Job 23:10 (ESV) "But he knows the way that I take; when he has tried me, I shall come out as gold."

Devoted to deceit

Paul described the consequence of departing from Christ: devotion to deceitful spirits and demons.

Devotion is good, as long as the object to which a person is devoted is good. Christ is the Son of God, Creator of the universe, and Savior of sinful people. Devotion to this truth is good.

It is possible, however, for people to reject that truth and devote one's self other people and other faiths.

The Greek word for deceiver is planos, from which we derive our English word, "planet". At first glance a planet in the night sky appears the same as a star. But stars follow a set path in the sky, remaining fixed in recognizable patterns and constellation. Early star gazers realized that some "stars" appeared to wander out of the path, roving about in seemingly random directions. To be a "planet" meant to be a person who wanders from the path directed by the Creator.

To be devoted to deceit means to pay close attention to something that wanders without an ultimate purpose or goal. A tramp or hobo is not necessarily an impostor, but their carefree wandering is related to the deceitful plans of an impostor. An impostor hopes to entice others to follow him away from truth. Those who are attracted to an impostor will gradually forget or confuse what once was true, substituting truth for a false sense of satisfaction and security.

To depart from faith in Christ is to leave the solid security of truth and seek guidance and support from misleading, deceitful, roving spirits and demons.

Ironically, Jesus Himself was accused of being a deceitful, roving impostor:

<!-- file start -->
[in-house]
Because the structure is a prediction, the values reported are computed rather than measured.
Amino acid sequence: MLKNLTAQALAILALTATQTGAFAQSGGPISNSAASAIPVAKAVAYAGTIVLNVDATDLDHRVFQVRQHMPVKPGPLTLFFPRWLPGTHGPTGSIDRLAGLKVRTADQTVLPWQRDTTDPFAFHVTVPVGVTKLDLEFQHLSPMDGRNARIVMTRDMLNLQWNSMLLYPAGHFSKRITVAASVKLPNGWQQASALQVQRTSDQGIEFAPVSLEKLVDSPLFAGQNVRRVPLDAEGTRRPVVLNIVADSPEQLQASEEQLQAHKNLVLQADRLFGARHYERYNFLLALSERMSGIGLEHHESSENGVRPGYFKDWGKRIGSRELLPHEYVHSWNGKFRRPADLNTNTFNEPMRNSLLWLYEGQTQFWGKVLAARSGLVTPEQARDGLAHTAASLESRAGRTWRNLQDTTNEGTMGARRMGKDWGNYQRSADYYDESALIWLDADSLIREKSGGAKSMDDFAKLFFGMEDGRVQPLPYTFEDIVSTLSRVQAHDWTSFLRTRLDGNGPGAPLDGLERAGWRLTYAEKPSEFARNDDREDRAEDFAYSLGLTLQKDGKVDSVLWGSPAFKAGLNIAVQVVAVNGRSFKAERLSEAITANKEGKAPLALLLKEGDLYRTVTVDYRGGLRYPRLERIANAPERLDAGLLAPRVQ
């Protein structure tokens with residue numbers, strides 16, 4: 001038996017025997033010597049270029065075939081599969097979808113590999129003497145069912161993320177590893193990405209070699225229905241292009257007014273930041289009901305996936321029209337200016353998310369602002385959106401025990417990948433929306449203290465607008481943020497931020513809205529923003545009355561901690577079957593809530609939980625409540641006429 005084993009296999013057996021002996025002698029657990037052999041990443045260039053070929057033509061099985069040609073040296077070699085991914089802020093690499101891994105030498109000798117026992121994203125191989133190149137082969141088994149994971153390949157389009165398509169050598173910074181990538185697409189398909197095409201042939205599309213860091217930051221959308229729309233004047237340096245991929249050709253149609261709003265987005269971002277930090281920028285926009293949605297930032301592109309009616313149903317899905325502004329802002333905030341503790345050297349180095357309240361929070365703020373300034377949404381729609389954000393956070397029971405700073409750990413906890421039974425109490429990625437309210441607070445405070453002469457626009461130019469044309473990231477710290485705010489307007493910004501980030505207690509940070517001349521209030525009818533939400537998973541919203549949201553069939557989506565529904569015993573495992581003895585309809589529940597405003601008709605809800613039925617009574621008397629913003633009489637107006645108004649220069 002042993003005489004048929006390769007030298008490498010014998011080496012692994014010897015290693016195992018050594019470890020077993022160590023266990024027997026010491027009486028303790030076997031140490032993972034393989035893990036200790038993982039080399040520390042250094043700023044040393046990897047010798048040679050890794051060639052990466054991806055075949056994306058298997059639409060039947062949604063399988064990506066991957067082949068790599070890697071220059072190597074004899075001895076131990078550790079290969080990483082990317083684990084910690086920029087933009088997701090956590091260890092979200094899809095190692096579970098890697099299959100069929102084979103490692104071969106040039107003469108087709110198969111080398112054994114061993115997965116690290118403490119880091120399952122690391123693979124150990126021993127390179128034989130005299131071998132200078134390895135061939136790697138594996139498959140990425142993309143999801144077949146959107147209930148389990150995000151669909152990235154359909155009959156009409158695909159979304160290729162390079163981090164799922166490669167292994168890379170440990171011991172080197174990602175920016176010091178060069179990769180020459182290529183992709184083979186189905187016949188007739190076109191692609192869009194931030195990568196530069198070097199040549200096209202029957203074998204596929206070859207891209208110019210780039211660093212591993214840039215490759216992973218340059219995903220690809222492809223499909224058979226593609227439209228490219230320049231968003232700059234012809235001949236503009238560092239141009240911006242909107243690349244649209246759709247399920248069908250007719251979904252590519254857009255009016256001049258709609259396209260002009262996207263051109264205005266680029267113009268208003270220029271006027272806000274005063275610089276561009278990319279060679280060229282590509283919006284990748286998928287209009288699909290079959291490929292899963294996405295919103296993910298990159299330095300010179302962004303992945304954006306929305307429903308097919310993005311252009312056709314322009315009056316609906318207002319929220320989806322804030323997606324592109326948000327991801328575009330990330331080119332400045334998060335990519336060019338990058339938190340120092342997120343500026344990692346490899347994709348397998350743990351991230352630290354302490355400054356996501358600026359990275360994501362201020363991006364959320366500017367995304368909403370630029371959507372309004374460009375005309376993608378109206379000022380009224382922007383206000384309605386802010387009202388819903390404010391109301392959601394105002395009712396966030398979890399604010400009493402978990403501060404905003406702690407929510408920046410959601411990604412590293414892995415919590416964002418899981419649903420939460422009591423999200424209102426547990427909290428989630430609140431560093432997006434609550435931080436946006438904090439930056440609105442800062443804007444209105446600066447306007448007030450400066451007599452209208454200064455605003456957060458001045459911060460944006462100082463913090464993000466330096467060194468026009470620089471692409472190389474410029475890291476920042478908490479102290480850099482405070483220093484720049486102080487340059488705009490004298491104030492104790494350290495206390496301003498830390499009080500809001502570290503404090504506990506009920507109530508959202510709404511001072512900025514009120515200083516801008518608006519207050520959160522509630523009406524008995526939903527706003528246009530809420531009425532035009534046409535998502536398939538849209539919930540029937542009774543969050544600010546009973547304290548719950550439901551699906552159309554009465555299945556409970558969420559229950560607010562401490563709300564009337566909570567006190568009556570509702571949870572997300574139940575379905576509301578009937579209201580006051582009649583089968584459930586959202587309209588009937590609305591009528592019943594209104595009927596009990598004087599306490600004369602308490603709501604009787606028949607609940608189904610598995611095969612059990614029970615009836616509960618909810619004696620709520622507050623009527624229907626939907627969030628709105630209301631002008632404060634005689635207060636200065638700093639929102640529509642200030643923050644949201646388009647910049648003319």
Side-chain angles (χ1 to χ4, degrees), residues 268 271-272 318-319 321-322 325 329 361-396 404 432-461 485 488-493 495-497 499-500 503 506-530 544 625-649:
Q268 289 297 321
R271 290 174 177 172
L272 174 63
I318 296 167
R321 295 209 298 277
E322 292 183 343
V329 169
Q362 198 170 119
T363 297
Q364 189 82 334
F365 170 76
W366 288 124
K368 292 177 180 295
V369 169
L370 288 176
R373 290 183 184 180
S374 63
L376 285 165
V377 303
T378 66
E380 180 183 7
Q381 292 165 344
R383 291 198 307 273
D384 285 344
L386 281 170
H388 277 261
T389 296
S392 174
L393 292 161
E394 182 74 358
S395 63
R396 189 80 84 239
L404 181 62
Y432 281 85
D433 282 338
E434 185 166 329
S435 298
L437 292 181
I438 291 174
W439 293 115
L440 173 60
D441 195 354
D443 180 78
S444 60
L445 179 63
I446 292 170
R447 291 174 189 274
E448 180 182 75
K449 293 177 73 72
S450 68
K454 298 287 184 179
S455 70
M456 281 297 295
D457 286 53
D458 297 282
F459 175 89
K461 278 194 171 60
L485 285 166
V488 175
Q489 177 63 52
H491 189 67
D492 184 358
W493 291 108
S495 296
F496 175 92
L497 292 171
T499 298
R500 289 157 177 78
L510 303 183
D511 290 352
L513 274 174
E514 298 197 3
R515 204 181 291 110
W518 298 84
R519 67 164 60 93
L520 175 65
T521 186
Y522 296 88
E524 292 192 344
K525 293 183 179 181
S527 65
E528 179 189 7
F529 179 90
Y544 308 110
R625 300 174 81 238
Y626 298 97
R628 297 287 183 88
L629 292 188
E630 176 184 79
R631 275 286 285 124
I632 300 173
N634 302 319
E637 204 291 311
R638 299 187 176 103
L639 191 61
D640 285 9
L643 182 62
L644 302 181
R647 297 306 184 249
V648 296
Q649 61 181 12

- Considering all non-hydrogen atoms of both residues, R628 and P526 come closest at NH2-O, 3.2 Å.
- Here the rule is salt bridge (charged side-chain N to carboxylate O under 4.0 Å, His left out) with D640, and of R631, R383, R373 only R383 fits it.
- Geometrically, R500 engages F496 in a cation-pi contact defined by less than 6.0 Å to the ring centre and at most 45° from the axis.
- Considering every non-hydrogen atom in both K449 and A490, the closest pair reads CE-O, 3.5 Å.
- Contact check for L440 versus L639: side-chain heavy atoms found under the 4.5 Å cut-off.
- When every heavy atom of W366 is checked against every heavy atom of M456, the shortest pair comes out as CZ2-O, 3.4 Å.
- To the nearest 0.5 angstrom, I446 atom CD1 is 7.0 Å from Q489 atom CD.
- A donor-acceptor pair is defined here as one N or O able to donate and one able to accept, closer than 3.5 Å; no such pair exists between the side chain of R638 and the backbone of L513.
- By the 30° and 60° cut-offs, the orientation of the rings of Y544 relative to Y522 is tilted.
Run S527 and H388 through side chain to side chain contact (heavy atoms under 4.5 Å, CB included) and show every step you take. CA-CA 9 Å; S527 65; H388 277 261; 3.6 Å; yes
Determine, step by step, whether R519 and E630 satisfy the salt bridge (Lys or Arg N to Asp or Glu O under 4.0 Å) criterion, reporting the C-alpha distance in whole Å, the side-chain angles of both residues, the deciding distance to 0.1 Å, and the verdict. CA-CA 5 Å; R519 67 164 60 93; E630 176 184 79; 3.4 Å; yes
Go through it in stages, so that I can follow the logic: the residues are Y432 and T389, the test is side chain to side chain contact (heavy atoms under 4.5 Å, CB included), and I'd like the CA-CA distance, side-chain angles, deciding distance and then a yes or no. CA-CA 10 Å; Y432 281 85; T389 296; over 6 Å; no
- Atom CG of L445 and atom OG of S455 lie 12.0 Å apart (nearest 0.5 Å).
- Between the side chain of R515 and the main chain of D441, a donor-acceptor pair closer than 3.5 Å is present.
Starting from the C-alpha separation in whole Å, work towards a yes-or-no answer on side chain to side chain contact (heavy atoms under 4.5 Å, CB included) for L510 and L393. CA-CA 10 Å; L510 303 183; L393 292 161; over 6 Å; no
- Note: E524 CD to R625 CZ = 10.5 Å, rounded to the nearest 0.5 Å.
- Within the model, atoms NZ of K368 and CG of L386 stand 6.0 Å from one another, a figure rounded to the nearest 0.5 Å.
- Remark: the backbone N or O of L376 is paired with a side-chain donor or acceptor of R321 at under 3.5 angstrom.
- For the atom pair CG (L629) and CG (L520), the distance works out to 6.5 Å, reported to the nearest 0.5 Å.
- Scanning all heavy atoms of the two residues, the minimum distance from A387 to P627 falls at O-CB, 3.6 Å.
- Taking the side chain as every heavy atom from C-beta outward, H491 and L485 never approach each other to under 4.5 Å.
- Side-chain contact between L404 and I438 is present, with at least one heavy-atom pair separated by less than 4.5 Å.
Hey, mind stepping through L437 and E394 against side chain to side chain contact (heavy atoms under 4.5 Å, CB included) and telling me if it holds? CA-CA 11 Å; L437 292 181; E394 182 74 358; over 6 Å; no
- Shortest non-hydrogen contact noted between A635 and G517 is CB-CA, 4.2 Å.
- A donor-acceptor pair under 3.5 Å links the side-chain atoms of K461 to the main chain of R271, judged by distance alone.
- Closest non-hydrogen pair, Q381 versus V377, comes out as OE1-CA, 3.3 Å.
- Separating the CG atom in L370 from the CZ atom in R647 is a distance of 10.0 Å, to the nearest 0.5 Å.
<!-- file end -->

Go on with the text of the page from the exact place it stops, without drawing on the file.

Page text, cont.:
Matthew 27:62-64 (ESV) "The next day, that is, after the day of Preparation, the chief priests and the Pharisees gathered before Pilate and said, Sir, we remember how that impostor said, while he was still alive, After three days I will rise. Therefore order the tomb to be made secure until the third day, lest his disciples go and steal him away and tell the people, He has risen from the dead, and the last fraud will be worse than the first."

Years later the apostles of Christ were also called deceitful, roving impostors:

2 Corinthians 6:3-4,8-9 (ESV) "We put no obstacle in anyone’s way, so that no fault may be found with our ministry, but as servants of God we commend ourselves in every way...through honor and dishonor, through slander and praise. We are treated as impostors, and yet are true; as unknown, and yet well known..."

Jesus and the early Christians were scorned and attacked because their preaching was a departure from the traditional doctrine of the Jewish priests.

Now Paul is warning the church at Ephesus to beware of impostors in their midst who were urging others to depart from from the doctrine established by Jesus Christ.

Consequences of departing from faith in Christ